MILLER TIME: On the Knife’s Edge

/It’s a pleasure to present this guest column by one of the most knowledgeable observers of the Olympic Movement, Britain’s David Miller. For more than 50 years, the former English footballer has covered the Olympic Games and the sports within it, including 15 years as the Chief Sports Correspondent of The Times of London, with stints at the Daily Express and the Daily Telegraph. Author of books on athletics, football and the Olympics, he was Official Historian of the International Olympic Committee from 1997-2018. His opinions are, of course, his own alone./

Yesterday’s stalling by the IOC Executive Board on eligibility of Russia/Belarus for participation at Paris ’24 leaves everyone on the precipice of emotional and administrative uncertainty: the host organisers, spectators, International Federations, National Olympic Committees, hostile Ukrainian and Russian rivals incensed either way. A constitutional answer is needed. Pronto.

On its own admission, the social IOC cannot legislate on war and peace, whatever its moral principle, any more than it can determine whether a husband and wife love each other; it can only administer Pierre de Coubertin‘s foundation within its Olympic Charter. This needs rapid adjustment, and eminently possible at the annual Session in Mumbai, India this autumn. Still searching for a ‘loop-hole’ for acceptable Russia/Belarus competitor qualification, wars are not an office-hours chess board for ad-hoc off-the-cuff ruling, but require statutory Charter implementation, shielding the executive.

Namely: that any nation invading another sovereign territory a) for longer than (say) three months forfeits Olympic participation for so long as that invasion might continue; b) its citizens should retain the right and freedom, upon attaining qualification, to be an individual entry, independent of NOC, but only on signature of a formal declaration that they have no personal involvement in the said invasion; c) in mutual war aggression beyond three months, both nations to forfeit participation.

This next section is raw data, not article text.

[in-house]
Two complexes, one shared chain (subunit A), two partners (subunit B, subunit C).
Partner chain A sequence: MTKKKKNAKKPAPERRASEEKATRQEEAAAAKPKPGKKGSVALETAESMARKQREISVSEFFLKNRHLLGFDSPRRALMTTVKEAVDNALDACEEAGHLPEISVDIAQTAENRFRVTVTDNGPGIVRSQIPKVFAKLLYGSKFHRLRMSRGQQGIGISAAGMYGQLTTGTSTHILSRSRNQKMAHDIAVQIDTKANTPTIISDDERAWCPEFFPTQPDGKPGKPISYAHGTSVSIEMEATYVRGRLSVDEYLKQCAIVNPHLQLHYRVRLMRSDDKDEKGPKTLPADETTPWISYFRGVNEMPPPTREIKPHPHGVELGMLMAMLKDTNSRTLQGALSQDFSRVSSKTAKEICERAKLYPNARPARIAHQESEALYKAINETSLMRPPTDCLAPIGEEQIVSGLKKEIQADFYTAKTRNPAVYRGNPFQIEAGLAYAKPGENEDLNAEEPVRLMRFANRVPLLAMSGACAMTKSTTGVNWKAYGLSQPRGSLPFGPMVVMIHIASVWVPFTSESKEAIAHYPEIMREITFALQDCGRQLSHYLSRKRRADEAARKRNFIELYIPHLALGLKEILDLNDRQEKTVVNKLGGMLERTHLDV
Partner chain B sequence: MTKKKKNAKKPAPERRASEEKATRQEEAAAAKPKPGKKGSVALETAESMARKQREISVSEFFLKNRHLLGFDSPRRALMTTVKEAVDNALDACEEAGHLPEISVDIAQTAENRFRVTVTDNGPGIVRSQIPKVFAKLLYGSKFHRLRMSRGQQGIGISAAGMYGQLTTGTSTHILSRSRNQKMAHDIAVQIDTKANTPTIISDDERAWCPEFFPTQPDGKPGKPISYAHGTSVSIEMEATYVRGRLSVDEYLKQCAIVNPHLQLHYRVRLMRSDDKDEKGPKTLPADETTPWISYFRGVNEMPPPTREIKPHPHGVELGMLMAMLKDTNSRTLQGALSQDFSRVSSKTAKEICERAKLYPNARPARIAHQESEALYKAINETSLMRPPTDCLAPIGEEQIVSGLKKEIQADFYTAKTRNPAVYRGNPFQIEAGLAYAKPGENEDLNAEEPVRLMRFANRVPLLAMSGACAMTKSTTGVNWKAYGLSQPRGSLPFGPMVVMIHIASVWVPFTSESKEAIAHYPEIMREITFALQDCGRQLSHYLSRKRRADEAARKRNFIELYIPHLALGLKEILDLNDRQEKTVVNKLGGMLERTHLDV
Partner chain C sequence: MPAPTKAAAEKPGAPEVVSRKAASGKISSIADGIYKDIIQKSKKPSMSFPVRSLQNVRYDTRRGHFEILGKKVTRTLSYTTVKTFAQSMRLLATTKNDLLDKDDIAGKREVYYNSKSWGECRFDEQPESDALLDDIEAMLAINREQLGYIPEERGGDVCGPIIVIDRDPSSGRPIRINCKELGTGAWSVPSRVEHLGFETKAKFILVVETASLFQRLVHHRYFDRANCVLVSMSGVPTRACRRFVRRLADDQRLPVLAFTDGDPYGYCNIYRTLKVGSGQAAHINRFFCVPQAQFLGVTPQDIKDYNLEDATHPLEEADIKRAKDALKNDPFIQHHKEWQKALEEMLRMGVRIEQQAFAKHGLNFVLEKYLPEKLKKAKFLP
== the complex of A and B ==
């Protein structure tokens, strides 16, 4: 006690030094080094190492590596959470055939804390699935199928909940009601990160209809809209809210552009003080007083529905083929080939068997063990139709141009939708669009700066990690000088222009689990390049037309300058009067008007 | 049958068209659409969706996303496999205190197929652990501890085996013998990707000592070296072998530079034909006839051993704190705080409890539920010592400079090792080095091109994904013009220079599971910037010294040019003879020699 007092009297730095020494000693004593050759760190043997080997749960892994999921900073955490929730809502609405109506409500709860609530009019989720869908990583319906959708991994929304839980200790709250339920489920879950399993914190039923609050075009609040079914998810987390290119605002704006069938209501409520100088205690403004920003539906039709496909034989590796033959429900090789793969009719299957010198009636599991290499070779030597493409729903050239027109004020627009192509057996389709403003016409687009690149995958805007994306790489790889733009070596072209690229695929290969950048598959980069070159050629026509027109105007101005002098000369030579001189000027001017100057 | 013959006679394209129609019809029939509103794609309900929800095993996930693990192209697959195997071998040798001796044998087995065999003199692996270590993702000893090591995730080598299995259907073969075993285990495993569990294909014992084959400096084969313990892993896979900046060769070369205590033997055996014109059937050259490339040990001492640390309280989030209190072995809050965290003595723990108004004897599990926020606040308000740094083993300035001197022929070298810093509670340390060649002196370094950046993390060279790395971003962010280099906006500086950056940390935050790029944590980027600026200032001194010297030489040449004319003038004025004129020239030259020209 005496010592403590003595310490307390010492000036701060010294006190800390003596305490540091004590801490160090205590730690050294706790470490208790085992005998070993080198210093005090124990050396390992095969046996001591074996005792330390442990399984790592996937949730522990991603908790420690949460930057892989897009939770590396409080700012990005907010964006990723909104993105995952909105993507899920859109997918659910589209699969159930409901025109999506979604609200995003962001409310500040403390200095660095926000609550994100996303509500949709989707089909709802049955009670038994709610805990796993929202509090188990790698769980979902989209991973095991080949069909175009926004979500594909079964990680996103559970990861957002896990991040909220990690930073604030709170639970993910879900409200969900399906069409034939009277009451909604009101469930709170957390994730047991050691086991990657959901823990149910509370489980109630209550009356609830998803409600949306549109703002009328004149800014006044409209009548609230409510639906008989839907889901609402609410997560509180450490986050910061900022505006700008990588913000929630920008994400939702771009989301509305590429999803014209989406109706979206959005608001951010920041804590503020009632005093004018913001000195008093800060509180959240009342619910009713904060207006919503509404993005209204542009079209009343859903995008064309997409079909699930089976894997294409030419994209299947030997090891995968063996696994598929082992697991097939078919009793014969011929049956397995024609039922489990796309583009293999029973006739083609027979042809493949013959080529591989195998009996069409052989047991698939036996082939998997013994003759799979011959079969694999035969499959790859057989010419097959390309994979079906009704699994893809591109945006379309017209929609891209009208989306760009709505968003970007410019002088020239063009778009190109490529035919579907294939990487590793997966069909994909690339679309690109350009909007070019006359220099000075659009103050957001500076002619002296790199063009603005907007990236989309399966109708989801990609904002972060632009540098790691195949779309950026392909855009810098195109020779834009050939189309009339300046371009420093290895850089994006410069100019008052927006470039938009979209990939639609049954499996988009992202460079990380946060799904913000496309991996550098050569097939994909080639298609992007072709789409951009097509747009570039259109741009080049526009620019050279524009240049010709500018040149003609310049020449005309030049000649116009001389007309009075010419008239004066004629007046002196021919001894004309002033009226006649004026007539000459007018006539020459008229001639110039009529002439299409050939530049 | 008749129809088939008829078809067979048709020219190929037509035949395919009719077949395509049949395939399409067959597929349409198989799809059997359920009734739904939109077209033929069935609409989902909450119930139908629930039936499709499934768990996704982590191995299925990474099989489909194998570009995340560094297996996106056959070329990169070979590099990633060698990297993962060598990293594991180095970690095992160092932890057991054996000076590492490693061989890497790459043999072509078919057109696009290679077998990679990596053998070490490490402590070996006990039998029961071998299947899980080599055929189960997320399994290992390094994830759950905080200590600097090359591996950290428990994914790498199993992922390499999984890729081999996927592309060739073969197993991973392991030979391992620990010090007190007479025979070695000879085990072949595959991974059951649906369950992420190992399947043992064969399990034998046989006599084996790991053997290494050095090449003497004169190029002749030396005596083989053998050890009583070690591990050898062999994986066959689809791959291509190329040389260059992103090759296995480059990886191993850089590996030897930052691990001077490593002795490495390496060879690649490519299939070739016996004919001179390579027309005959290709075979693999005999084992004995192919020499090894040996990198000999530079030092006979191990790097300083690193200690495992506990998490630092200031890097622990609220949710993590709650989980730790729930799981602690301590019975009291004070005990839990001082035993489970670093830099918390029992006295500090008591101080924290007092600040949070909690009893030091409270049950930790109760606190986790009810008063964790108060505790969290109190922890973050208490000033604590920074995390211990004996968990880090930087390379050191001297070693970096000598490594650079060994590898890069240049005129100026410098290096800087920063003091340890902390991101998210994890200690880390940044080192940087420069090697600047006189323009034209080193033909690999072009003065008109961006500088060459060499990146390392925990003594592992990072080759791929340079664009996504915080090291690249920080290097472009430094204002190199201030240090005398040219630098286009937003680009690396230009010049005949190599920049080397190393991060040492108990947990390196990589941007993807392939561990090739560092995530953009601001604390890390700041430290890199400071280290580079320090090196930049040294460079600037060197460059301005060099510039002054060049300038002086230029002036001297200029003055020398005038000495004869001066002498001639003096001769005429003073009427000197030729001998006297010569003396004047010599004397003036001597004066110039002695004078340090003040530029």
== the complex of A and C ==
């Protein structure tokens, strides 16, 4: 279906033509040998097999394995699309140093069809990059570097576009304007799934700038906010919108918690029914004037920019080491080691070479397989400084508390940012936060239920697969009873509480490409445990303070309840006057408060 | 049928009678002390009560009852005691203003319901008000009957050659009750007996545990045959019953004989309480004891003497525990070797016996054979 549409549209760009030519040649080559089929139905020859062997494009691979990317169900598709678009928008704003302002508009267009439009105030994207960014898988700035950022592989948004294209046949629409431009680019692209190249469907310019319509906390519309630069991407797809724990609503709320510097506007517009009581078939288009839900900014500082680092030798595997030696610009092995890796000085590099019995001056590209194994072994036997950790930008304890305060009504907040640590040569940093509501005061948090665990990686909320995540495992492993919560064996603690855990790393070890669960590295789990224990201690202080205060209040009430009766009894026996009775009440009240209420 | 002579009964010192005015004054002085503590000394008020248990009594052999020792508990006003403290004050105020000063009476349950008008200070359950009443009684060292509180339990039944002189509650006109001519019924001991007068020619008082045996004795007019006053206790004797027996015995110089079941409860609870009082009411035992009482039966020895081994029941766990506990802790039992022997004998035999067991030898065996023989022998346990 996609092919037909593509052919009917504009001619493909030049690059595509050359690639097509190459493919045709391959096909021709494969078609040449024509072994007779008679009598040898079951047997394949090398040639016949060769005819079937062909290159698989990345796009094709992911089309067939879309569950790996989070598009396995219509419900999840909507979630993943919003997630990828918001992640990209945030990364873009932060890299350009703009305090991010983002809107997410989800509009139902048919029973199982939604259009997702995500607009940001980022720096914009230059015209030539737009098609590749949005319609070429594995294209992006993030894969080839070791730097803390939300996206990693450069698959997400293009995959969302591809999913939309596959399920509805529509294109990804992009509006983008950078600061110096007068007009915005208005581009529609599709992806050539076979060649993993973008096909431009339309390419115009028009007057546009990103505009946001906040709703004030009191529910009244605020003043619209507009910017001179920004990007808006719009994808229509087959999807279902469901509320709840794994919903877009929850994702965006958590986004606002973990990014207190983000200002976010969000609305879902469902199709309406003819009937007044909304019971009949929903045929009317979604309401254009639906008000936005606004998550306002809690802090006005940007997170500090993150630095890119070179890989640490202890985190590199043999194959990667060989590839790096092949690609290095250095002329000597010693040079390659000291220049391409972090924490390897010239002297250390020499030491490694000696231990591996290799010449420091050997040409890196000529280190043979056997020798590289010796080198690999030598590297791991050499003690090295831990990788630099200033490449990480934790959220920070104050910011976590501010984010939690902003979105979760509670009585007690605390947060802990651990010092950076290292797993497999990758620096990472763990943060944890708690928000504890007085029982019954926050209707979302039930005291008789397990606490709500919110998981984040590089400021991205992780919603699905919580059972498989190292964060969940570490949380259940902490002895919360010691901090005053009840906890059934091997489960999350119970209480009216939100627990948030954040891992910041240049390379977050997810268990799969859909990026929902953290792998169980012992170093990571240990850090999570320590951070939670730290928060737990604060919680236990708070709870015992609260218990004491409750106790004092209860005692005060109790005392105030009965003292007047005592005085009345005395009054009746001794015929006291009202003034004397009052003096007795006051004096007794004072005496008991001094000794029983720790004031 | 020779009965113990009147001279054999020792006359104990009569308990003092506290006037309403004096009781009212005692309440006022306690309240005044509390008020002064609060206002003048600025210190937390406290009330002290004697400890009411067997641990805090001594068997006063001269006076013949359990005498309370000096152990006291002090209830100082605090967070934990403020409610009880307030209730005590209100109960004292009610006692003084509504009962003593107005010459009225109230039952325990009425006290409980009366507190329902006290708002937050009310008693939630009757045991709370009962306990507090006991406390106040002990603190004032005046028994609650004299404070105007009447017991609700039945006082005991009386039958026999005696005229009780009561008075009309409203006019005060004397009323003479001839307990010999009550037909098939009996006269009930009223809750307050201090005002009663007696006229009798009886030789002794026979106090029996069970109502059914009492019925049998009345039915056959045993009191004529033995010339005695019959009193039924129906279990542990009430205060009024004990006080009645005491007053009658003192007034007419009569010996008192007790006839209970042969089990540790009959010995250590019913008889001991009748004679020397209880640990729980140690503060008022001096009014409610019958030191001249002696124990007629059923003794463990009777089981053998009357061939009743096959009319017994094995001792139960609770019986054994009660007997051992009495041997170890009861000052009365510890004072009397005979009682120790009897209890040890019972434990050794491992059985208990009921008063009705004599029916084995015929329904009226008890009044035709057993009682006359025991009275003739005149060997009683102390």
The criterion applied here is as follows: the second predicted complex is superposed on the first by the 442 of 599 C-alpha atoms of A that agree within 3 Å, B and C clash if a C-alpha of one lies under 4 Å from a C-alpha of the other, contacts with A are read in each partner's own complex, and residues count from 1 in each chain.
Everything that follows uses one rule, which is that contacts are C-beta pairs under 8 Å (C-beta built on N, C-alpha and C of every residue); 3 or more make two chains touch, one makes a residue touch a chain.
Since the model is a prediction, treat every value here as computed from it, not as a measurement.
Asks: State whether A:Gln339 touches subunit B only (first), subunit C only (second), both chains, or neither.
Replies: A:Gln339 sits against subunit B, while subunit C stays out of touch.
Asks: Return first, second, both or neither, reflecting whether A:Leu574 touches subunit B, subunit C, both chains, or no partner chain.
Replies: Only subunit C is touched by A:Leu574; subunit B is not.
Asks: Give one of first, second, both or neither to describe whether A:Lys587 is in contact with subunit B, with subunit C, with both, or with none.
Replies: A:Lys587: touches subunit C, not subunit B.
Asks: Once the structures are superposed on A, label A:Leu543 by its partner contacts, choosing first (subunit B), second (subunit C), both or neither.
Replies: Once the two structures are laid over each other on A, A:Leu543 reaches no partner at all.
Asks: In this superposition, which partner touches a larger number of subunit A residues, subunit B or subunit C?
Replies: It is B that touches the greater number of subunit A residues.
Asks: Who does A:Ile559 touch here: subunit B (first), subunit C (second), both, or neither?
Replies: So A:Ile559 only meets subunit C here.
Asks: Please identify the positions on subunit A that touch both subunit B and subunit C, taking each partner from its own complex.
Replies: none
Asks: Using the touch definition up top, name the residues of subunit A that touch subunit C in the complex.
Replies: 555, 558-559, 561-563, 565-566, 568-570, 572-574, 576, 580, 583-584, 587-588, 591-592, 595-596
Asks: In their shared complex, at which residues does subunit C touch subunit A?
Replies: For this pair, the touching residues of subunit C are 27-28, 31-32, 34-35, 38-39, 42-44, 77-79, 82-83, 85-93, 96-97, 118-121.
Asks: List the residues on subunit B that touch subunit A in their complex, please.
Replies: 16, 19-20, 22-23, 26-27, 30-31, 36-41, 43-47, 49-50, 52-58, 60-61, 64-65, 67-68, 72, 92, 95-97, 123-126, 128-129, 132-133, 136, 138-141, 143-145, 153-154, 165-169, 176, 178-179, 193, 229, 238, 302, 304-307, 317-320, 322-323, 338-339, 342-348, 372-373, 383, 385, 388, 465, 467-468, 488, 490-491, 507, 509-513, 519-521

Thus, individual athletes would not have been required to express opposition to governmental political action. Revelation of any subsequent such approval would cause instant retroactive deletion from Olympic competition records and/or medals – moral sense to any truthful non-Orthodox Church or Putin fanatic.

Competitor apparel would be an IOC-design uniform bearing the insignia Independent Olympian. Team sports would be excluded; the Olympic ensign flown for medal-winners; the Olympic anthem for champions.

Not only would this procedure protect the passport-free entry of individuals, but – perhaps prophetically valuable – reduce the ever-increasing nationalistic character of the medals table. Constitutionally, an Independent Olympian could still have been funded, long term, by his/her NOC, thereby granting indirect credit.

A Charter adjustment at Mumbai could be the ‘loop-hole’ resort by which the athletes, the host city and the IOC’s own future could be protected, with warring nations temporarily excluded from peaceful integration by a majority. As a would-be Olympian amateur eons ago, we must yearn for preservation of global sincerity and integration.

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